Deciphering Soil Amendments
By Heather O’Bryan
Installing plants in your yard can be quite relaxing, especially during Spring. The sights of the blooming flowers and the birds chirping would make anyone with cabin fever happy to be outside.
But there is one thing that can stress a gardener right out, and that’s what amendments to use when planting these new plants. Do you use a fertilizer? What do you use to level the pH? What the heck is blood meal!?
Well never fear Mr. or Ms. gardener, here is a list of amendments and what they are used for. For best results, make sure to get a soil test first to make sure you even need these amendments.
Blood Meal – This amendment is actually a plant food high in nitrogen. Nitrogen is a macronutrient that helps in growing foliage, so use it for your leafy veggies and perennials that mostly grow pretty leaves. It is a slaughterhouse by product so if you are vegan, you might want to avoid using it in the vegetable garden.
Bone Meal – Another slaughterhouse by product, this one is used for the introduction of phosphorus, a macronutrient that promotes the production of flowers and fruit. Use this fertilizer on annuals to make them bloom all Summer long and your veggies to get a bigger, better fruit yield.
Calcium Nitrate – This amendment helps with tomatoes and other veggies that suffer from blossom end rot. By introducing more calcium to the plant, it will cure the disease.
Kelp Extract – This organic food is harvested from the sea and is an incredible source of nutrients for all plants. It can also be found as kelp meal, but for immediate results, use a water soluble form. Water it in and watch your plants flourish.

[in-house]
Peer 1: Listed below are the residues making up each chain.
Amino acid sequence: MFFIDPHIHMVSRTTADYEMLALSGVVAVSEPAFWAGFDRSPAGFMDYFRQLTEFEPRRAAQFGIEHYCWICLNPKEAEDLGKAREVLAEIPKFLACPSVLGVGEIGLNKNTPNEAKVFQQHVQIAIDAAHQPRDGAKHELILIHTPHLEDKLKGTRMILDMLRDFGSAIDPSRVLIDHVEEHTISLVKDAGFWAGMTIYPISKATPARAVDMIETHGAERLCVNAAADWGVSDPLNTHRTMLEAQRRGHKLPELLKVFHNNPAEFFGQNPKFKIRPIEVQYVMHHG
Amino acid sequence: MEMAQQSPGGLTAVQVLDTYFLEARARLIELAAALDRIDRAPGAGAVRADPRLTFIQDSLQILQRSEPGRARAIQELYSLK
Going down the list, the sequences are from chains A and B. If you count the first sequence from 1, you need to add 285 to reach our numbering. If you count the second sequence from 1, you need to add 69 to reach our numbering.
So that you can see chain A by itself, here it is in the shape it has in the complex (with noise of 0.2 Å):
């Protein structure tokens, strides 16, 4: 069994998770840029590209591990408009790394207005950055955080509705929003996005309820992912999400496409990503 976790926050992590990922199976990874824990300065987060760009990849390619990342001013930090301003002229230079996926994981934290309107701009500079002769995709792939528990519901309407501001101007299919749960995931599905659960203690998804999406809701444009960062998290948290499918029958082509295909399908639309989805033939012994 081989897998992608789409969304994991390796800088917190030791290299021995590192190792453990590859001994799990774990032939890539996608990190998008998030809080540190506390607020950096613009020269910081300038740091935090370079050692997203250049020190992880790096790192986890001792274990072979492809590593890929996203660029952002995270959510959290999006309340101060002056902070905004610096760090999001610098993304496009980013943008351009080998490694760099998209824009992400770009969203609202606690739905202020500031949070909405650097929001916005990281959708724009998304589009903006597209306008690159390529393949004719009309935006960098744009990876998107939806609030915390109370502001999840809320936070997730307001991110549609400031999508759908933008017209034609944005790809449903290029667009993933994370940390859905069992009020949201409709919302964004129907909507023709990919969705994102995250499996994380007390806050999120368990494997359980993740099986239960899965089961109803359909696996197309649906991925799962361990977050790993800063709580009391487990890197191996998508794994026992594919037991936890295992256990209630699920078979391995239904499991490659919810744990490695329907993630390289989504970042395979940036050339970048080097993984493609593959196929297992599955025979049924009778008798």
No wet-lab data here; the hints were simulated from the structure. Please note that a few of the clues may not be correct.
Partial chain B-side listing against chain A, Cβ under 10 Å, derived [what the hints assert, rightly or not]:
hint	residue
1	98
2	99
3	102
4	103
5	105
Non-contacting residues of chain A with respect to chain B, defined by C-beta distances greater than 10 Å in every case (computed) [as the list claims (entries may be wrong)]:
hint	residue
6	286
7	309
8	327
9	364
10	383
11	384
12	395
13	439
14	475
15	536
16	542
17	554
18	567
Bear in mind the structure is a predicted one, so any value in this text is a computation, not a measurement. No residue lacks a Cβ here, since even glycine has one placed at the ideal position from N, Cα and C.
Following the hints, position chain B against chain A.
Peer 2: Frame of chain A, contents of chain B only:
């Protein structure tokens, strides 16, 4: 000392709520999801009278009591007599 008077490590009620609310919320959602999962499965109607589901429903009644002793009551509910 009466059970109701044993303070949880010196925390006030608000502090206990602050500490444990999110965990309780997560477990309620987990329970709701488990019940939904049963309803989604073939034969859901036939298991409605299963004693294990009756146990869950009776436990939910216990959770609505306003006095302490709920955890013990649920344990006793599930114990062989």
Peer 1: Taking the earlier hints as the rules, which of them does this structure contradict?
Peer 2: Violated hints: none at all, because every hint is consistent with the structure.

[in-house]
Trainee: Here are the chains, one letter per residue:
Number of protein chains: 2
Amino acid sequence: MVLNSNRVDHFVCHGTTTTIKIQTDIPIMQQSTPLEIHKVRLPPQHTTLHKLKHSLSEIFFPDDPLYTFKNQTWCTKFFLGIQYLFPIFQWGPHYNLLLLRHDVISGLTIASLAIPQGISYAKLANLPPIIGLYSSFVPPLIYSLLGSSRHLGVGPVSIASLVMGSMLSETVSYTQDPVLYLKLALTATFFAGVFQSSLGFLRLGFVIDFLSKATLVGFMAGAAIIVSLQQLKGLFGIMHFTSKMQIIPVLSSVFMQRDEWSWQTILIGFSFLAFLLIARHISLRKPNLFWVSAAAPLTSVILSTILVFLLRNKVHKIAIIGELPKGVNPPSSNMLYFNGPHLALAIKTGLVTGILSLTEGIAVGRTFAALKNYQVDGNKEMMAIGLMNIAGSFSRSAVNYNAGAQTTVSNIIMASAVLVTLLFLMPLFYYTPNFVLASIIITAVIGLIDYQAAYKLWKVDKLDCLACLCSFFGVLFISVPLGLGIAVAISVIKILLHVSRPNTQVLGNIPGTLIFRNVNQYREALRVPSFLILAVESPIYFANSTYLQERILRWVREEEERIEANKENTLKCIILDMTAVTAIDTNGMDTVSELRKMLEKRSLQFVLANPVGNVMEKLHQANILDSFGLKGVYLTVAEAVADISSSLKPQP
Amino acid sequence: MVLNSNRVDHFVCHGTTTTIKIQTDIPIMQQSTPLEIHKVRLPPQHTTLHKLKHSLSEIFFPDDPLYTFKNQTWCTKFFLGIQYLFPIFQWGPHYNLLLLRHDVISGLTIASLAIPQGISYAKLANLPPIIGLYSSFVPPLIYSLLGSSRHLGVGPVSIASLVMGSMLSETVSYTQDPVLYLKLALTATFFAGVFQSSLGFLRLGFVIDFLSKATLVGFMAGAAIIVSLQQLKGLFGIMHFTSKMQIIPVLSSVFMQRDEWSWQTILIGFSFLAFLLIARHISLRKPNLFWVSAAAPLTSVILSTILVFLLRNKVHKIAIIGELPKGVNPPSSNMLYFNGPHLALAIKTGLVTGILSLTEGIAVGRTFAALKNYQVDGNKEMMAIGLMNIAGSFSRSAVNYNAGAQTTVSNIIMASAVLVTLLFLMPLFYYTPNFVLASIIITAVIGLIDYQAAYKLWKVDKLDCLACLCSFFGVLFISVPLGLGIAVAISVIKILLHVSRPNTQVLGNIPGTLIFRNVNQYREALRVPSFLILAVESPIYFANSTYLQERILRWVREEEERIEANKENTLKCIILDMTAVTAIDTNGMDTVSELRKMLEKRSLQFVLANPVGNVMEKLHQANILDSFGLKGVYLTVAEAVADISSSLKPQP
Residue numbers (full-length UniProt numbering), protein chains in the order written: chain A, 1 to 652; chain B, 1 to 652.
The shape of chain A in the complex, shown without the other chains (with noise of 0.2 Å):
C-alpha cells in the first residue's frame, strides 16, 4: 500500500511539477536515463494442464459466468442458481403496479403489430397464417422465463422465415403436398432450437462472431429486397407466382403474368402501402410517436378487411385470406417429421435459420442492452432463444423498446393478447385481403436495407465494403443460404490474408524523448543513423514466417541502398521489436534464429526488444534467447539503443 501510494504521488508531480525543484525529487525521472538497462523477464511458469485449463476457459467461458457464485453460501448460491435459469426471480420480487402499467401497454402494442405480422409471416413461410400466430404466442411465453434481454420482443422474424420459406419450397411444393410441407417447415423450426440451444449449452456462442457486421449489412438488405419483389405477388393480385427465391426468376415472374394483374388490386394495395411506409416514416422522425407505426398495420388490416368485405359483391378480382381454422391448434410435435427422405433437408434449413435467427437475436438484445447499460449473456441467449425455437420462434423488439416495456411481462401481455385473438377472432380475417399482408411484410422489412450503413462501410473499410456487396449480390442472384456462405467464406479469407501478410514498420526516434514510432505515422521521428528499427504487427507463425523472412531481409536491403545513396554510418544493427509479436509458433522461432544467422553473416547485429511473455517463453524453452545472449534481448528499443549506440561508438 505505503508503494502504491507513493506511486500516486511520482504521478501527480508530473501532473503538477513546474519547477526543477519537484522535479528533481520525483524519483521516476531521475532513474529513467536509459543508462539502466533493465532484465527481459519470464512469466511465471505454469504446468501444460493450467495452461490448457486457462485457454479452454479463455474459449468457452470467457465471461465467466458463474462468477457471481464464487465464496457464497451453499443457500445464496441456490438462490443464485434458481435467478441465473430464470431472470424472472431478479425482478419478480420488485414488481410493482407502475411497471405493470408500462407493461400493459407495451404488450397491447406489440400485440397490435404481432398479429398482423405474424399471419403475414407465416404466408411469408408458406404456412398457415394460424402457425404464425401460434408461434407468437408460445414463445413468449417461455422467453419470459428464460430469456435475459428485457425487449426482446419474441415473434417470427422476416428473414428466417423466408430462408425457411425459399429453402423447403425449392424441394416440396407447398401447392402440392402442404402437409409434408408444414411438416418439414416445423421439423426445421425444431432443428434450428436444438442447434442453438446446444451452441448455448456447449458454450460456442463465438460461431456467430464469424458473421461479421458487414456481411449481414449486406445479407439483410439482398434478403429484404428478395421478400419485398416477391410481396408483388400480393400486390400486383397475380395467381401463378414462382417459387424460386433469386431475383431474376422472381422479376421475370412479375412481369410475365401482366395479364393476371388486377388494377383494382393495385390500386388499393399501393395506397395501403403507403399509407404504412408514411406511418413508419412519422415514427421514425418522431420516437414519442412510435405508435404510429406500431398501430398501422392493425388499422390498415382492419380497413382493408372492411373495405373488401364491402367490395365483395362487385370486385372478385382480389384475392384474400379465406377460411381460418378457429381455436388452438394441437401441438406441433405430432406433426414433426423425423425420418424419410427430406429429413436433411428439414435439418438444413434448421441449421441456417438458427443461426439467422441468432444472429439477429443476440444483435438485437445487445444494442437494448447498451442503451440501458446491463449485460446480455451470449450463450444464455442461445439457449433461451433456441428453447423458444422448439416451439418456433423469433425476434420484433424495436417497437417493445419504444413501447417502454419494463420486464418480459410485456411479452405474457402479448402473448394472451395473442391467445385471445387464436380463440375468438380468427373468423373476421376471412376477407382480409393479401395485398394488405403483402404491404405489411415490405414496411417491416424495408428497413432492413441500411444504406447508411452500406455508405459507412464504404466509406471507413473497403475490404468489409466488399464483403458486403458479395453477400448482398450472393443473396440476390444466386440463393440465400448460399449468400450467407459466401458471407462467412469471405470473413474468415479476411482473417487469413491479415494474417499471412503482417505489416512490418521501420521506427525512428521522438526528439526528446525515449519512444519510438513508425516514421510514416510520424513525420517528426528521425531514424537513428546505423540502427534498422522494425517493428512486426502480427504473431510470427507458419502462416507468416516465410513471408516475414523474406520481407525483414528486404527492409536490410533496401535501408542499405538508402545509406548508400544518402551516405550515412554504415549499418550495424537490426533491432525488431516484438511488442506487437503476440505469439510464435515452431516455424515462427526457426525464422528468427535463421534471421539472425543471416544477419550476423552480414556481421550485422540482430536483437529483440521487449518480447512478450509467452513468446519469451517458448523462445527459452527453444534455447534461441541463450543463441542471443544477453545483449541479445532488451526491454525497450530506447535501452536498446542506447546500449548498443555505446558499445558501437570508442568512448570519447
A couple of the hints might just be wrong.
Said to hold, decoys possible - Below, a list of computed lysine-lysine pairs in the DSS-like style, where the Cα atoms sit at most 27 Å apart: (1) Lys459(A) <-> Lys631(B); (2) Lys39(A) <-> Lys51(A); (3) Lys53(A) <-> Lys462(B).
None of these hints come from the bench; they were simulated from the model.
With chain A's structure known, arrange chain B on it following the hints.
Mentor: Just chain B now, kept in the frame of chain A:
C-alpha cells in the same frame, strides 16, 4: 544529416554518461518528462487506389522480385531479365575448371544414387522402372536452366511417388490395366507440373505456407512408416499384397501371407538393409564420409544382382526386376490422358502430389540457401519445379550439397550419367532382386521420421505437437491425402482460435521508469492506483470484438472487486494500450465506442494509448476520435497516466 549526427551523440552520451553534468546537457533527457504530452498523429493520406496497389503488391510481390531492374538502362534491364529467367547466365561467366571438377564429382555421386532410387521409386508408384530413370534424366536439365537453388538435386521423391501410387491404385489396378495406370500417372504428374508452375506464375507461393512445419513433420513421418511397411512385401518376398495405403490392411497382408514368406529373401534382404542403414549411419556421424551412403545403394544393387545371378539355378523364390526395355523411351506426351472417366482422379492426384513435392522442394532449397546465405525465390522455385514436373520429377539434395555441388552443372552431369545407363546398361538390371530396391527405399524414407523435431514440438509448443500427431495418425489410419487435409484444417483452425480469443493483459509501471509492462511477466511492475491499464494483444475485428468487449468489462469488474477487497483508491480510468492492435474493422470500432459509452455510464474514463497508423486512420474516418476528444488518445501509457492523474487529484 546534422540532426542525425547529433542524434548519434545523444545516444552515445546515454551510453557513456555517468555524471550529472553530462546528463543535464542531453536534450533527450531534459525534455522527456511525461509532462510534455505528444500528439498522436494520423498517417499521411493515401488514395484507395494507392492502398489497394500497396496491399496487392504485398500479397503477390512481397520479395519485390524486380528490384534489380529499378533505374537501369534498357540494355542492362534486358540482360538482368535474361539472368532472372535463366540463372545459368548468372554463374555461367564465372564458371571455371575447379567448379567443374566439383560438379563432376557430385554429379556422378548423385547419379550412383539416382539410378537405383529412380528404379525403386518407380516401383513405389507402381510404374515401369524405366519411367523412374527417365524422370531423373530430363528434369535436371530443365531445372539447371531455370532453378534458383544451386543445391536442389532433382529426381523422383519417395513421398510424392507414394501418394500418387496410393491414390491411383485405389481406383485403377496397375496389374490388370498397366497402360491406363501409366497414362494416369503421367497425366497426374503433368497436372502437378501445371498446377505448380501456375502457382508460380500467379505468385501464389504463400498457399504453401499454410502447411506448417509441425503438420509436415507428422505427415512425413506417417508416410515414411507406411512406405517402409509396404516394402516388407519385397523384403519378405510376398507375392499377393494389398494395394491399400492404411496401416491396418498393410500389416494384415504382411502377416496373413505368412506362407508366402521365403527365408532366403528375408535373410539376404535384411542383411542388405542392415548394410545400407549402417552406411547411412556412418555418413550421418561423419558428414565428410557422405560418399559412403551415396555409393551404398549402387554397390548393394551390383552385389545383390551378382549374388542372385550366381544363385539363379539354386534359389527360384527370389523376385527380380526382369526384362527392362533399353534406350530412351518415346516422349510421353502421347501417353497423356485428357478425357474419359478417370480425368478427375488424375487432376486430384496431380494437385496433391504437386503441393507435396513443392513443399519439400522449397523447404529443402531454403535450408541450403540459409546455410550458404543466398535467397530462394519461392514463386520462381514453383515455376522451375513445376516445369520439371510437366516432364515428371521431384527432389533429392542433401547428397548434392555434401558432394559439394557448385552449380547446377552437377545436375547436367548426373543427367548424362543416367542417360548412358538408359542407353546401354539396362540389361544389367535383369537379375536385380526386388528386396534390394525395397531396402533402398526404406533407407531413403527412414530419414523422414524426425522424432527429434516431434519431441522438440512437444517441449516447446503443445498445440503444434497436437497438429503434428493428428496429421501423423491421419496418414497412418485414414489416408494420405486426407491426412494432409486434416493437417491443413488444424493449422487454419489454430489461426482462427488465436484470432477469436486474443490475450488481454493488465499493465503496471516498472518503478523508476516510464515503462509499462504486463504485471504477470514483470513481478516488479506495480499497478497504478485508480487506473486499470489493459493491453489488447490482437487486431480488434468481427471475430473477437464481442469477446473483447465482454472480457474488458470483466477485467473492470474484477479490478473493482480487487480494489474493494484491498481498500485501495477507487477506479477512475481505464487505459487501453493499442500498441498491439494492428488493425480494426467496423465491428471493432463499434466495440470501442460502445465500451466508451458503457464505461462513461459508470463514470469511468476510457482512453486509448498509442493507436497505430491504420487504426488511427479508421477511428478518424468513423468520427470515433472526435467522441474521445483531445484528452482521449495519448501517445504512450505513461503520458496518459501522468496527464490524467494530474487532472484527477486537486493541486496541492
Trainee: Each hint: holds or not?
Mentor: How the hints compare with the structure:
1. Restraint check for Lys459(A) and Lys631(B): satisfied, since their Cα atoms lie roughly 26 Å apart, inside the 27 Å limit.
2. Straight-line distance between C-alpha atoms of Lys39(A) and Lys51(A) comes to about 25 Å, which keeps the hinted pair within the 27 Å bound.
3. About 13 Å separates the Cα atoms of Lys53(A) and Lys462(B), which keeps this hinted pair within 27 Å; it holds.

Worm Castings – There is a reason soil that is inhabited by worms is so rich and dark. The worms eat decomposing matter and eliminate their waste in the soil, making it one of the ultimate soil amendments. Add worm castings as a compost in any planting.
Composts – Organic matter is key to a rich, nutritious and vibrant soil, so when installing a new plant, it is always good to throw some compost into the hole. There are many different sources of compost like cow manure, chicken manure, mushroom compost and more. They all work great so use your judgement on what kind to use.
Lime – Check your soil test for your current pH. If it is low, also known as acidic, lime can help raise it to a more manageable level. A good pH level ensures good plant growth.
Sulphur – Alternatively, if your soil pH is too high, or alkaline, you will need to lower it. Products that include sulphur will do the trick nicely.
Amendments can get confusing when first learning how to garden. There are so many different products made to feed your plants and improve the soil around their precious roots. Hopefully this list will help you decide what you need for your own plants.